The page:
As pointed out by Vivek Rao2 on the R-SIG-Finance mailing list, the “best” estimate is the estimate that maximizes the likelihood function (or, equivalently, the log-likelihood function), and I omitted inspecting the log likelihood function’s values in my last post. Here I will see which optimization procedures lead to the maximum log-likelihood.

Below is a helper function that simplifies the process of fitting a GARCH model’s parameters and extracting the log-likelihood, parameter values, and standard errors while allowing for different values to be passed to solver and solver.control.

evalSolverFit <- function(spec, data, solver = "solnp",
solver.control = list()) {
# Calls ugarchfit(spec, data, solver, solver.control), and returns a vector
# containing the log likelihood, parameters, and parameter standard errors.
# Parameters are equivalent to those seen in ugarchfit(). If the solver fails
# to converge, NA will be returned

vec <- NA
tryCatch({
fit <- ugarchfit(spec = spec, data = data, solver = solver,
solver.control = solver.control)

coef_se_names <- paste("se", names([email protected]$coef), sep = ".") se <- [email protected]$se.coef
names(se) <- coef_se_names

robust_coef_se_names <- paste("robust.se", names([email protected]$coef), sep = ".") robust.se <- [email protected]$robust.se.coef
names(robust.se) <- robust_coef_se_names

vec <- c([email protected]$coef, se, robust.se) vec["LLH"] <- [email protected]$LLH
}, error = function(w) {
NA
})

return(vec)
}


Below I list out all optimization schemes I will consider. I only fiddle with solver.control, but there may be other parameters that could help the numerical optimization routines, namely numderiv.control, which are control arguments passed to the numerical routines responsible for standard error computation. This utilizes the package numDeriv which performs numerical differentiation.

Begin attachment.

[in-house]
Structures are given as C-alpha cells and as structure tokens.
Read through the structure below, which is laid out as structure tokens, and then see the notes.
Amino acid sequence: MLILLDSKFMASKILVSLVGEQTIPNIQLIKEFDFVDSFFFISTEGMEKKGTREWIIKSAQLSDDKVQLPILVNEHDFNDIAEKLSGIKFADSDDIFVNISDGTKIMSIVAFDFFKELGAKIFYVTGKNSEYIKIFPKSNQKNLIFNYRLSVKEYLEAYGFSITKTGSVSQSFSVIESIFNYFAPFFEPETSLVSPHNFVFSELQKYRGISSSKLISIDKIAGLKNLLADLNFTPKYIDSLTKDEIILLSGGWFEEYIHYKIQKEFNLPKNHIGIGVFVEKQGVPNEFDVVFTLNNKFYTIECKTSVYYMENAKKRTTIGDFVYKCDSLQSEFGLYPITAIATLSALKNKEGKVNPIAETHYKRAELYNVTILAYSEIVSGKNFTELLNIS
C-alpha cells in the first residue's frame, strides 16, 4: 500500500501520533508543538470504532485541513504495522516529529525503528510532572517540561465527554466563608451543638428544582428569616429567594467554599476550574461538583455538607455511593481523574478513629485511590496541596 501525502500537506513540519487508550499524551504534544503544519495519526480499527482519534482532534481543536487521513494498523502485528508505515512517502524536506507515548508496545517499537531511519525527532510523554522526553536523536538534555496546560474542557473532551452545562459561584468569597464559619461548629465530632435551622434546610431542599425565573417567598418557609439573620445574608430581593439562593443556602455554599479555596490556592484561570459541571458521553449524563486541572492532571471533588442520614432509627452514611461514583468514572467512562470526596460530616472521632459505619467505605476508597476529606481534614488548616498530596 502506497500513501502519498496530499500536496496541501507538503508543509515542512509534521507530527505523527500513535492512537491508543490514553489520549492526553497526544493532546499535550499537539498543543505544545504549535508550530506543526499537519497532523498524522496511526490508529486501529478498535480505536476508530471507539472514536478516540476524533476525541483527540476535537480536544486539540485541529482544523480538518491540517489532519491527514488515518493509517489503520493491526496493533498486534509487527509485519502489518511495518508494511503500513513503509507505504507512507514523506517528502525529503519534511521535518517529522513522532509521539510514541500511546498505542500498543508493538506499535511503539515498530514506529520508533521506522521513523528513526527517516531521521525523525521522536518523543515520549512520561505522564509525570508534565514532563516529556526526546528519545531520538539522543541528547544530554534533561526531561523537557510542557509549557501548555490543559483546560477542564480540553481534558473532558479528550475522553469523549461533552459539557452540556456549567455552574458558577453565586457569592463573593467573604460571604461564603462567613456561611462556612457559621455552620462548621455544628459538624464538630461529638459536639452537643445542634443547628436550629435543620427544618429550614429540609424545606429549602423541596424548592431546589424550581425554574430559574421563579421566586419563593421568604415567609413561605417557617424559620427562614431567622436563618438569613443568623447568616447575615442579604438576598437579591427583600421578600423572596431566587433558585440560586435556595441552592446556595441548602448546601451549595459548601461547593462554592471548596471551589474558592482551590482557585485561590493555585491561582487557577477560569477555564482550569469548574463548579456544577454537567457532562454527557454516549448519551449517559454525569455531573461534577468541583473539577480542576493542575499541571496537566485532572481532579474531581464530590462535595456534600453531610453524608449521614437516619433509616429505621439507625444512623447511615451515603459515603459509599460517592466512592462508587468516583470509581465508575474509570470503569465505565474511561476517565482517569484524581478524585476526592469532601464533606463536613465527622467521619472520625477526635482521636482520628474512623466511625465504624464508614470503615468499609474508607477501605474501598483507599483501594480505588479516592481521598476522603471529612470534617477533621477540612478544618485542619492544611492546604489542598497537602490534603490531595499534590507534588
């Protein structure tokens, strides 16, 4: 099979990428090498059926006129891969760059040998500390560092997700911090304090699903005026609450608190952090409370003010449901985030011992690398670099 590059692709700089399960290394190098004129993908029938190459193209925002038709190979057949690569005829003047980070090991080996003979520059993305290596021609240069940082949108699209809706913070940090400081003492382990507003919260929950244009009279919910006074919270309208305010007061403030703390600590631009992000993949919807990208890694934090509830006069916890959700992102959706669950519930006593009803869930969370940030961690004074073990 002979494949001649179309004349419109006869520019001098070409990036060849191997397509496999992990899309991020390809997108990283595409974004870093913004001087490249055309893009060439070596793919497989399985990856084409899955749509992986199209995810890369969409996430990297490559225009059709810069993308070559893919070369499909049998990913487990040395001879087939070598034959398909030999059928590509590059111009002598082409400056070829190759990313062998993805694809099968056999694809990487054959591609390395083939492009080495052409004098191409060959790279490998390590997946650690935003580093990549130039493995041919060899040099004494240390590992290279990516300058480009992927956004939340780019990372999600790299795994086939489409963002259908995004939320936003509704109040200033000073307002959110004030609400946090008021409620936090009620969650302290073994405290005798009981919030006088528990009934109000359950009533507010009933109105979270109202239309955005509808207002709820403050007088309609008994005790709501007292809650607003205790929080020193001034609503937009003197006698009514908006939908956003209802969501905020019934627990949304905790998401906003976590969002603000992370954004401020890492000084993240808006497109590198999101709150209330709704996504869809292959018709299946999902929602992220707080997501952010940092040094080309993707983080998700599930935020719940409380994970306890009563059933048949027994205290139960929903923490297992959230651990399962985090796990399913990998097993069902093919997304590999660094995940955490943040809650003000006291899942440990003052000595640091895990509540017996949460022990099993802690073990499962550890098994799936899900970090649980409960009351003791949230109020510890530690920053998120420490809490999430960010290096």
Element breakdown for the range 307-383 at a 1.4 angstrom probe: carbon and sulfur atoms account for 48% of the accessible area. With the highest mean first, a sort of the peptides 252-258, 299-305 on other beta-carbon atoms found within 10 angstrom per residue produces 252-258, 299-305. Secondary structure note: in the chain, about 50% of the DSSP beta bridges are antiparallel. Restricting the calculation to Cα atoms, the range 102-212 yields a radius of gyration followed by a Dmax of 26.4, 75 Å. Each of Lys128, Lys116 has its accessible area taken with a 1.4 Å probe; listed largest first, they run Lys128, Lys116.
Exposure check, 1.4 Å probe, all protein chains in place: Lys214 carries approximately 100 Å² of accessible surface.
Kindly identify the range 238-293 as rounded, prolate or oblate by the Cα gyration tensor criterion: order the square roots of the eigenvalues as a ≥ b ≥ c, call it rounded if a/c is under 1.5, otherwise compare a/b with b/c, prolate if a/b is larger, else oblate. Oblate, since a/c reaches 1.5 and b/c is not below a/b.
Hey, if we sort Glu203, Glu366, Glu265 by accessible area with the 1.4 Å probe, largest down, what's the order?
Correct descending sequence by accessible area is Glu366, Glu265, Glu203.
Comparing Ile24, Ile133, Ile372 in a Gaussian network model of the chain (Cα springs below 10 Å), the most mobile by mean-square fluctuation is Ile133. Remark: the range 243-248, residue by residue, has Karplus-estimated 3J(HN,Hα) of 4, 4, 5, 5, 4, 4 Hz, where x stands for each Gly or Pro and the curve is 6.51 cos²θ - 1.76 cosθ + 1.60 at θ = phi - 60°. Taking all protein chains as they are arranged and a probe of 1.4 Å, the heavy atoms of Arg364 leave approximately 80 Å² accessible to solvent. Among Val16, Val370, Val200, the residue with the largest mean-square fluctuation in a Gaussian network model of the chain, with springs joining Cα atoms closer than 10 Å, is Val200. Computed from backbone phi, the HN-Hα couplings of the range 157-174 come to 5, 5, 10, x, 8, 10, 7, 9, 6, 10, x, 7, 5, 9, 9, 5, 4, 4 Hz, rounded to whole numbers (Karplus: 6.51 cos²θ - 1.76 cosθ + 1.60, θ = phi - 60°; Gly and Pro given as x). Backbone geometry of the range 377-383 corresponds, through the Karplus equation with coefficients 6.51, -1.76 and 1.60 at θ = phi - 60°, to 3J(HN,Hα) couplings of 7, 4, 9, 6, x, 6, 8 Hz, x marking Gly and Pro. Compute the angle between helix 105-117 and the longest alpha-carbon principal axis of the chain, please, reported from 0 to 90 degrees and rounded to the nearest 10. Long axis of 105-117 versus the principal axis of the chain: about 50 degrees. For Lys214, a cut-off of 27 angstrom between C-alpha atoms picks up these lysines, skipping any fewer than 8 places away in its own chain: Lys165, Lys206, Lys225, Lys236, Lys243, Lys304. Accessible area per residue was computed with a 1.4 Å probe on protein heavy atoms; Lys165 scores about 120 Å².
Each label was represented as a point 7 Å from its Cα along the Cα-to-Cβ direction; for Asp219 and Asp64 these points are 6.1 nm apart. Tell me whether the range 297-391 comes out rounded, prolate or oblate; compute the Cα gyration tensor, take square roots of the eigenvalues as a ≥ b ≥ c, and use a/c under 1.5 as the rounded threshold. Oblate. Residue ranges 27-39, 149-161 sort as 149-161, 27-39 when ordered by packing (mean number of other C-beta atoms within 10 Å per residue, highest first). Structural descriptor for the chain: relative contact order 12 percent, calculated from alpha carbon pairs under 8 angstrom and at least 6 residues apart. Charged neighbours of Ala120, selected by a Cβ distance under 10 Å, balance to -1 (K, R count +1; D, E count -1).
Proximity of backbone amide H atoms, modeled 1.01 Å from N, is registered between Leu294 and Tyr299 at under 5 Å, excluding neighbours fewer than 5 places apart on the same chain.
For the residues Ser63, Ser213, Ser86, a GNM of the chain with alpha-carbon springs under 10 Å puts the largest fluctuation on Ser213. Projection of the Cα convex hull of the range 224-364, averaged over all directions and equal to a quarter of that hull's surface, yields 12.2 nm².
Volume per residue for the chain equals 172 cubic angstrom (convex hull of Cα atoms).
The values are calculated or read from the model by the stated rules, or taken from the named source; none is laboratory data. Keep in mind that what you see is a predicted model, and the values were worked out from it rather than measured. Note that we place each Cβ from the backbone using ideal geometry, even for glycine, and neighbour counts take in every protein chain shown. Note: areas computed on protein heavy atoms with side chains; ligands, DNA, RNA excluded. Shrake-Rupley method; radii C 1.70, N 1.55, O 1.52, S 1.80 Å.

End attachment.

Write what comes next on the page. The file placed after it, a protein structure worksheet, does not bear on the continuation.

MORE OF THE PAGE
solvers <- list(  # A list of lists where each sublist contains parameters to
# pass to a solver
list("solver" = "nlminb", "solver.control" = list()),
list("solver" = "solnp", "solver.control" = list()),
list("solver" = "lbfgs", "solver.control" = list()),
list("solver" = "gosolnp", "solver.control" = list(
"n.restarts" = 100, "n.sim" = 100
)),
list("solver" = "hybrid", "solver.control" = list()),
list("solver" = "nloptr", "solver.control" = list("solver" = 1)),  # COBYLA
list("solver" = "nloptr", "solver.control" = list("solver" = 2)),  # BOBYQA
list("solver" = "nloptr", "solver.control" = list("solver" = 3)),  # PRAXIS
list("solver" = "nloptr",
"solver.control" = list("solver" = 4)),  # NELDERMEAD
list("solver" = "nloptr", "solver.control" = list("solver" = 5)),  # SBPLX
list("solver" = "nloptr",
"solver.control" = list("solver" = 6)),  # AUGLAG+COBYLA
list("solver" = "nloptr",
"solver.control" = list("solver" = 7)),  # AUGLAG+BOBYQA
list("solver" = "nloptr",
"solver.control" = list("solver" = 8)),  # AUGLAG+PRAXIS
list("solver" = "nloptr",
"solver.control" = list("solver" = 9)),  # AUGLAG+NELDERMEAD
list("solver" = "nloptr",
"solver.control" = list("solver" = 10))  # AUGLAG+SBPLX
)

tags <- c(  # Names for the above list